Seattle is used to the first day of school being tense. After all, during the last three contract negotiations between the Seattle Public Schools and the Seattle Education Association, parents weren’t sure if they should send their kids to school until the last few days of summer break. This year is no different, and with new evaluation models coming in the next few years, who knows what 2015 will look like.
But what often gets lost in these negotiations is how people treat teachers and how teachers deserve to be treated. Many people discount the roles of teachers and don’t think they deserve whatever raises they get. “After all,” these people say, “teachers only work 9 or 10 months a year!” But in actuality, the amount of pay teachers get greatly underrepresents the amount of work they do. If teachers were paid like baby sitters — $3 per hour per child, Seattle’s teachers would make over $100,000 per year given current student to teacher ratios.
But money aside, teachers don’t get the support and respect that they deserve. Seattle classroom sizes have been growing for years. In 2011, the Seattle Public Schools had 20.9 students per teacher, according to the Washington Policy Center. This year, the average classroom size in a Seattle elementary school is 28 students; in middle and high school, it’s 31 students; and one of the issues up for debate in the new contract was adding two more students per classroom.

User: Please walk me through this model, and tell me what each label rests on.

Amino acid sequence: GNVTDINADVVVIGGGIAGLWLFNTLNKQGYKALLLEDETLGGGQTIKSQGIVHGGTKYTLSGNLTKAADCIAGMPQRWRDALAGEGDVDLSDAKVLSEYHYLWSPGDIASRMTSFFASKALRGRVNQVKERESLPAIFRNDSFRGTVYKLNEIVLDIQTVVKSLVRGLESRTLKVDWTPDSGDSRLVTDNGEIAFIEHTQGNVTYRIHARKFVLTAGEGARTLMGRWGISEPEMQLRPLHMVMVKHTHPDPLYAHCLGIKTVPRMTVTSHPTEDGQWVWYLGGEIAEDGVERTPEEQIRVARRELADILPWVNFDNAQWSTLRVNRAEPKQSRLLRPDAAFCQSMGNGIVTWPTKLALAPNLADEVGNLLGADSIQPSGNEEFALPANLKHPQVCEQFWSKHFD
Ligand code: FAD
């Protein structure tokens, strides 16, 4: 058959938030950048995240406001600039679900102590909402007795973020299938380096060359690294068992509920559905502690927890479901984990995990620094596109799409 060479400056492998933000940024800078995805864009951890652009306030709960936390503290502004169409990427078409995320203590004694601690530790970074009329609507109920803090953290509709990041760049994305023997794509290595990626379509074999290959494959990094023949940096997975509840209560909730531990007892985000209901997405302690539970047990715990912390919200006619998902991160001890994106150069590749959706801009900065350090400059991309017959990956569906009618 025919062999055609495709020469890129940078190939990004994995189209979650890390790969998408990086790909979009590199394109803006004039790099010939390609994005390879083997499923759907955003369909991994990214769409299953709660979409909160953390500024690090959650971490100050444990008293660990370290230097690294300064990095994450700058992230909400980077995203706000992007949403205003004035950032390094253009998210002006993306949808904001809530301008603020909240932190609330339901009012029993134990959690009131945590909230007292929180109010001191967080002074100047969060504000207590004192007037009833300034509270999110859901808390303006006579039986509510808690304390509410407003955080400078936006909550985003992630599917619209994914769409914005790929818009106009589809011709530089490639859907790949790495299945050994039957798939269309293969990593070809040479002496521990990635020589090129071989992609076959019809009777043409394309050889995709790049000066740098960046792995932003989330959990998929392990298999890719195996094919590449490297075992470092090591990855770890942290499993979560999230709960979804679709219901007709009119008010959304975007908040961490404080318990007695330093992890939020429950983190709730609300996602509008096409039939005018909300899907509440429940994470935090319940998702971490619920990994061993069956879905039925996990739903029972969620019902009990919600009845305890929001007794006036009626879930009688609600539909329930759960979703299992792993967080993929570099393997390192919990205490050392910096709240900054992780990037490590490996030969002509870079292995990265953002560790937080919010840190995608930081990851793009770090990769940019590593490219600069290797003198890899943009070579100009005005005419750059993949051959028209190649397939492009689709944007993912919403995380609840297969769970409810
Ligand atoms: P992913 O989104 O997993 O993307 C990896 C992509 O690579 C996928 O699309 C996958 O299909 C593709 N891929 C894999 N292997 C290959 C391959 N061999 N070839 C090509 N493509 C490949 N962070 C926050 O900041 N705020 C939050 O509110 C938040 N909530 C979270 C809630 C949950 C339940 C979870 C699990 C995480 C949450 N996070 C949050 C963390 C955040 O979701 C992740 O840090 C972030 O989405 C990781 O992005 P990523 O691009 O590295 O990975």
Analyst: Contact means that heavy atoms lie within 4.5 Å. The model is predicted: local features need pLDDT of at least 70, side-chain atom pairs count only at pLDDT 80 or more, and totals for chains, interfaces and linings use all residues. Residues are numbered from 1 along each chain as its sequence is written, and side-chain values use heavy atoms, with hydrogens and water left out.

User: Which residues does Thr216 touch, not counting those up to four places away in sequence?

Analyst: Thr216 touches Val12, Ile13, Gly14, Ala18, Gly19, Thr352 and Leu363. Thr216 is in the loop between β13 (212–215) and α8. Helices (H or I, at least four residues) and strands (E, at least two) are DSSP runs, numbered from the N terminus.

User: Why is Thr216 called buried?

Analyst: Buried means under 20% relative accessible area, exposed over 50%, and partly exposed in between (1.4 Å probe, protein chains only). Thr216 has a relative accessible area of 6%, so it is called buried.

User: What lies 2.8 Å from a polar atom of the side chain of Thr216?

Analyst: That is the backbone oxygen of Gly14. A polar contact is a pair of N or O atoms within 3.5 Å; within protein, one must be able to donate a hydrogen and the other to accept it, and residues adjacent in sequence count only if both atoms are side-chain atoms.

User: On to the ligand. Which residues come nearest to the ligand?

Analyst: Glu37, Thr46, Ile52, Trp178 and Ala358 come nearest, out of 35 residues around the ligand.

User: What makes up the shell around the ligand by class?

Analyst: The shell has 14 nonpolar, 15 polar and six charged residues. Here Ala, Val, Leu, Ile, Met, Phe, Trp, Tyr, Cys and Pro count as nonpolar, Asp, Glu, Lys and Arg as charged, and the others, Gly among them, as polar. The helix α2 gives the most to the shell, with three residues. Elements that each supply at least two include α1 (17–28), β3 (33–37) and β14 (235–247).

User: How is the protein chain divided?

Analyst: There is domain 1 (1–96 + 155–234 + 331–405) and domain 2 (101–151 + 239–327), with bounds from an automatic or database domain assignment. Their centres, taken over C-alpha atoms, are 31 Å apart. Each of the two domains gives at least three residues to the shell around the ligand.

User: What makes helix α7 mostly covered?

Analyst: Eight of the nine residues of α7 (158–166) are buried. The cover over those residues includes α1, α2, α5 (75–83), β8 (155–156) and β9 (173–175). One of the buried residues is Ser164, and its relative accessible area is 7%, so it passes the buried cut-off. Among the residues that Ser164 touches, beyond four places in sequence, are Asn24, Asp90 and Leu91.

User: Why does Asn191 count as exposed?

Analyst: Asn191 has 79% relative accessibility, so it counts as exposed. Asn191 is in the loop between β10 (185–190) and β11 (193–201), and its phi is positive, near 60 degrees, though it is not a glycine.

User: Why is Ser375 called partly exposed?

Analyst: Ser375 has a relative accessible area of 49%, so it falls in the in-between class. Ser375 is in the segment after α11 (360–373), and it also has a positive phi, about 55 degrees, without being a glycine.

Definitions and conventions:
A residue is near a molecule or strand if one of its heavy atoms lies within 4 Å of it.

Worst still, blame is being shifted from parents and students to teachers and schools.
Decades ago, parents would ask they children, “Were you nice to your teacher today?” Today, it’s, “Was your teacher nice to you?”
Teachers don’t become teachers because they’re looking for money. There are easier ways to get rich than graduating from college, going on to finish a teaching credential, and then starting in the mid-$30,000s with benefits. Teachers become teachers because they want to help kids and to dedicate their life’s work to them. That’s a lot more than many people can say, and it commands much more respect than teachers receive now. (end)
Thought it wondul’t to give it a shot. I was right.